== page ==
These super-fast trains – capable of 200mph – on a Y-shaped route will link London, Birmingham, Manchester and Leeds to a new rail network at a headline grabbing cost of £32.7bn by 2032.
Although you may not need to wait 20 years for a glimpse of how our local infrastructure will look like. Developments are already underway.
While electrification of existing rail lines towards York, Manchester and Bradford are under discussion, two new railway stations have been rubber stamped: Kirkstall Forge and Apperley Bridge, the former of which, Leeds West MP Rachel Reeves campaigned for.
“I think high-speed rail could make a real difference to regeneration,” Rachel Reeves told knowyourleeds shortly before last week’s announcement.
“Obviously it will create jobs during the construction of it, but I think it will make cities like Leeds and Manchester and Newcastle, and potentially Glasgow and Edinburgh, closer to export markets and could give us a real kick start.”
Professor Chris Nash of Leeds University acted as a consultant on Network Rail’s New Lines study. He examined plans on how to deal with chronic congestion on Britain’s rail lines. The findings lead to the drawing up of HS2.
“Arguably getting it to Leeds is more important than getting it Birmingham,” said Professor Nash.
Dependent on final acceptance of the plans in 2014, the Leeds link to HS2 won’t be in operation until six years after Birmingham.
“Assuming it comes to Leeds and goes on the join the EastCoast line to York, it’ll funnel traffic from Leeds, York, Newcastle and Edinburgh onto the faster services. The time savings for Leeds will be much bigger than for Birmingham.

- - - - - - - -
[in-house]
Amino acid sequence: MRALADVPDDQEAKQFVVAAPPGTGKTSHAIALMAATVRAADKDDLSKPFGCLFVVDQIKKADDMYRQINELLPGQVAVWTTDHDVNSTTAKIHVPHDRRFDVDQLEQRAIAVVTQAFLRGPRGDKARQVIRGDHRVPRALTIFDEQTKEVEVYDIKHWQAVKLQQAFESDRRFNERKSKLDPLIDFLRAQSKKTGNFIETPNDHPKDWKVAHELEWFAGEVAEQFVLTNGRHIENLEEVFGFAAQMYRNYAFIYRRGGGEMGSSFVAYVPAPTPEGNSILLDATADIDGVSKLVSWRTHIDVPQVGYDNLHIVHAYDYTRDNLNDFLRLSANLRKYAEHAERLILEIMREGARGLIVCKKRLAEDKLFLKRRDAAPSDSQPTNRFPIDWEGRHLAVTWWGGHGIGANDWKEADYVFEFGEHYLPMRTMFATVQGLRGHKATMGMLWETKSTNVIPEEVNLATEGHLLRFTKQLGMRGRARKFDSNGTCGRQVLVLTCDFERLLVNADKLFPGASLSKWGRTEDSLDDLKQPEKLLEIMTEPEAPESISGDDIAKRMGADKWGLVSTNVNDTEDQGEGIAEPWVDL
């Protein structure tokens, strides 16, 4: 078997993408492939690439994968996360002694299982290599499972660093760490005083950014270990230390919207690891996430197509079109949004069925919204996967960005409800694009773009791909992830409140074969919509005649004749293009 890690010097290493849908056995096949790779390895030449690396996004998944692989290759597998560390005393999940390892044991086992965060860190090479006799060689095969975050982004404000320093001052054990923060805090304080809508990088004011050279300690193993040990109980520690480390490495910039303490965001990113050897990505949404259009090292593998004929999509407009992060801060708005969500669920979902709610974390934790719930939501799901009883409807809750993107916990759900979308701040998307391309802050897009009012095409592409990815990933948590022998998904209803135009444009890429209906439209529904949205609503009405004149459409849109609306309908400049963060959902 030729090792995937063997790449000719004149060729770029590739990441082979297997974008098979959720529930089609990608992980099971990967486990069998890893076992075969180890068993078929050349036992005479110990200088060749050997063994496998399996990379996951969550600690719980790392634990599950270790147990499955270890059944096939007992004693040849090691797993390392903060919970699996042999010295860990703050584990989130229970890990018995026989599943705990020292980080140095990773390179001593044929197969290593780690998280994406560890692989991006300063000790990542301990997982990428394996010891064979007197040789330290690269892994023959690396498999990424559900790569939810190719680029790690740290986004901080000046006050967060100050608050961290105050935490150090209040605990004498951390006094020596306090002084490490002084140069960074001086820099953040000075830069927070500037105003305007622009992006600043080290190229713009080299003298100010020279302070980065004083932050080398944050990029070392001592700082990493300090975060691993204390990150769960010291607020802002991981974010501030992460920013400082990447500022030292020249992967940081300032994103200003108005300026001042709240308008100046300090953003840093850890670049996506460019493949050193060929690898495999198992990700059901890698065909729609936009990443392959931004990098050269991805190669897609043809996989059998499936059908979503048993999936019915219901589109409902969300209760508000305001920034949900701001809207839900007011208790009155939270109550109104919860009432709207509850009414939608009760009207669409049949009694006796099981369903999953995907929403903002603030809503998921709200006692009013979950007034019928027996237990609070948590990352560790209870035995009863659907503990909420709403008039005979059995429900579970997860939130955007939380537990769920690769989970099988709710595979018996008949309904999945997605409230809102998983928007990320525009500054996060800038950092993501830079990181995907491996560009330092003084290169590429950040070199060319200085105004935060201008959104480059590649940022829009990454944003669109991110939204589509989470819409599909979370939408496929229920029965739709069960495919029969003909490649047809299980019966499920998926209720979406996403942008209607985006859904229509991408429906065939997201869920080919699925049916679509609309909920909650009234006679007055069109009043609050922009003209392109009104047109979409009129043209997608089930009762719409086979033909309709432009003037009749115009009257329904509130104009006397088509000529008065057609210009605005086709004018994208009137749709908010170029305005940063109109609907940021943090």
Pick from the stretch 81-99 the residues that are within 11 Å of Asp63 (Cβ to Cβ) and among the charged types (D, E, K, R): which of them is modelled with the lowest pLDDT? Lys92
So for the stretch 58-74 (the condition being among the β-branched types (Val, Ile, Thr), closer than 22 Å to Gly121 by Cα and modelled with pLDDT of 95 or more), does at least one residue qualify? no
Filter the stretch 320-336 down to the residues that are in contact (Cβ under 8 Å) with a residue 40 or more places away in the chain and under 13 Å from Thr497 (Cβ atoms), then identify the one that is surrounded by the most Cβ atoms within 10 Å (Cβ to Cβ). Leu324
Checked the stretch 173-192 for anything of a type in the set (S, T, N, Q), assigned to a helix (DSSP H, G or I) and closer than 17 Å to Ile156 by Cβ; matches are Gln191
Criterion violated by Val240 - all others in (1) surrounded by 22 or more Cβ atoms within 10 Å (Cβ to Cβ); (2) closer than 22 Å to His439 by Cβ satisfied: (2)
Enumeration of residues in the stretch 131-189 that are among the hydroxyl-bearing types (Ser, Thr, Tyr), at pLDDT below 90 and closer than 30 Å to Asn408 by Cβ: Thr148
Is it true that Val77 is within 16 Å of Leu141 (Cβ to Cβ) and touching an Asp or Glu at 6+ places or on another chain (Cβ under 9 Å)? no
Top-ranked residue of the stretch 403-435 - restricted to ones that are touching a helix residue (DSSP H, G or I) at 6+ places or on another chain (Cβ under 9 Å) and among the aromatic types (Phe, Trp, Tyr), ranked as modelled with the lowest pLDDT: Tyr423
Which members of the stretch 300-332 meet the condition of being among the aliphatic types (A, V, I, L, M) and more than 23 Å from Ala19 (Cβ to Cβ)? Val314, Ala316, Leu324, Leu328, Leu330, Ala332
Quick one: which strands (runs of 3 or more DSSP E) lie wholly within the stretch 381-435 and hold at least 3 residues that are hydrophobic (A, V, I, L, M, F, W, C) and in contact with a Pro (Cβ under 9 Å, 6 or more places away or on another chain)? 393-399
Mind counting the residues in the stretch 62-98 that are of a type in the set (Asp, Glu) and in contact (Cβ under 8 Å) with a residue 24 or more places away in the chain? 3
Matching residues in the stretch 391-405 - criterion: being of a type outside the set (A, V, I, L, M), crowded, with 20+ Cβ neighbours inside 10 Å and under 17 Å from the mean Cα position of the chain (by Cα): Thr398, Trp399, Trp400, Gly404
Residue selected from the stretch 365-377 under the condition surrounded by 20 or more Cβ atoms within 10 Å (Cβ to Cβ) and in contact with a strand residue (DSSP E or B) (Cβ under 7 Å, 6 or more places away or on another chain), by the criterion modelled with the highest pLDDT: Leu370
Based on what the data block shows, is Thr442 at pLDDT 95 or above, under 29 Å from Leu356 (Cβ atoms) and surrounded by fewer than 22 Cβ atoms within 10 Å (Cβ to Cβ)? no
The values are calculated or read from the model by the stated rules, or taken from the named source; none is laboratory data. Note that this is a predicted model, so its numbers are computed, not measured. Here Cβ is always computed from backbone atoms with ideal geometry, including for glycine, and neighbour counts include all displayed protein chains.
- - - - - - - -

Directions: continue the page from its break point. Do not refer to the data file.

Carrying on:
“The potential benefits for the Leeds link are very high and probably pursued as quickly as possible as part of the plan,” he said.
Opponents to HS2 have said it’ll create more jobs in London than Birmingham, have challenged the evidence used to support the case and questioned environmental impact and need for a ministerial vanity project at such a huge financial cost when money is scare.
“Even now, because that decision has made about high-speed rail going to Birmingham, then onto Leeds, will influence businesses in terms of where they make investment decisions,” said WY Metro spokesman Martin Driver.
Although there are new stations being built, there is more in the pipeline. A decision on funding the trolleybus scheme – rejected before Christmas because the government wanted additional assurances on cost-ratio estimates – will be given in March.
Negotiations to introduce a London style Oyster card are proving complex, according to Martin, but it’s not out of the picture.
“Leeds has to be ready for the high-speed rail. It’s no good people coming up here and then having to chug across to Halifax on a 30 year-old train. What you’ve got to do is come here and be able to use fast, modern local transport,” said Martin.
“It’s a positive time but I guess we would always want more. We want to grow the economy and improve environmental and social inclusions; transport underpins it.”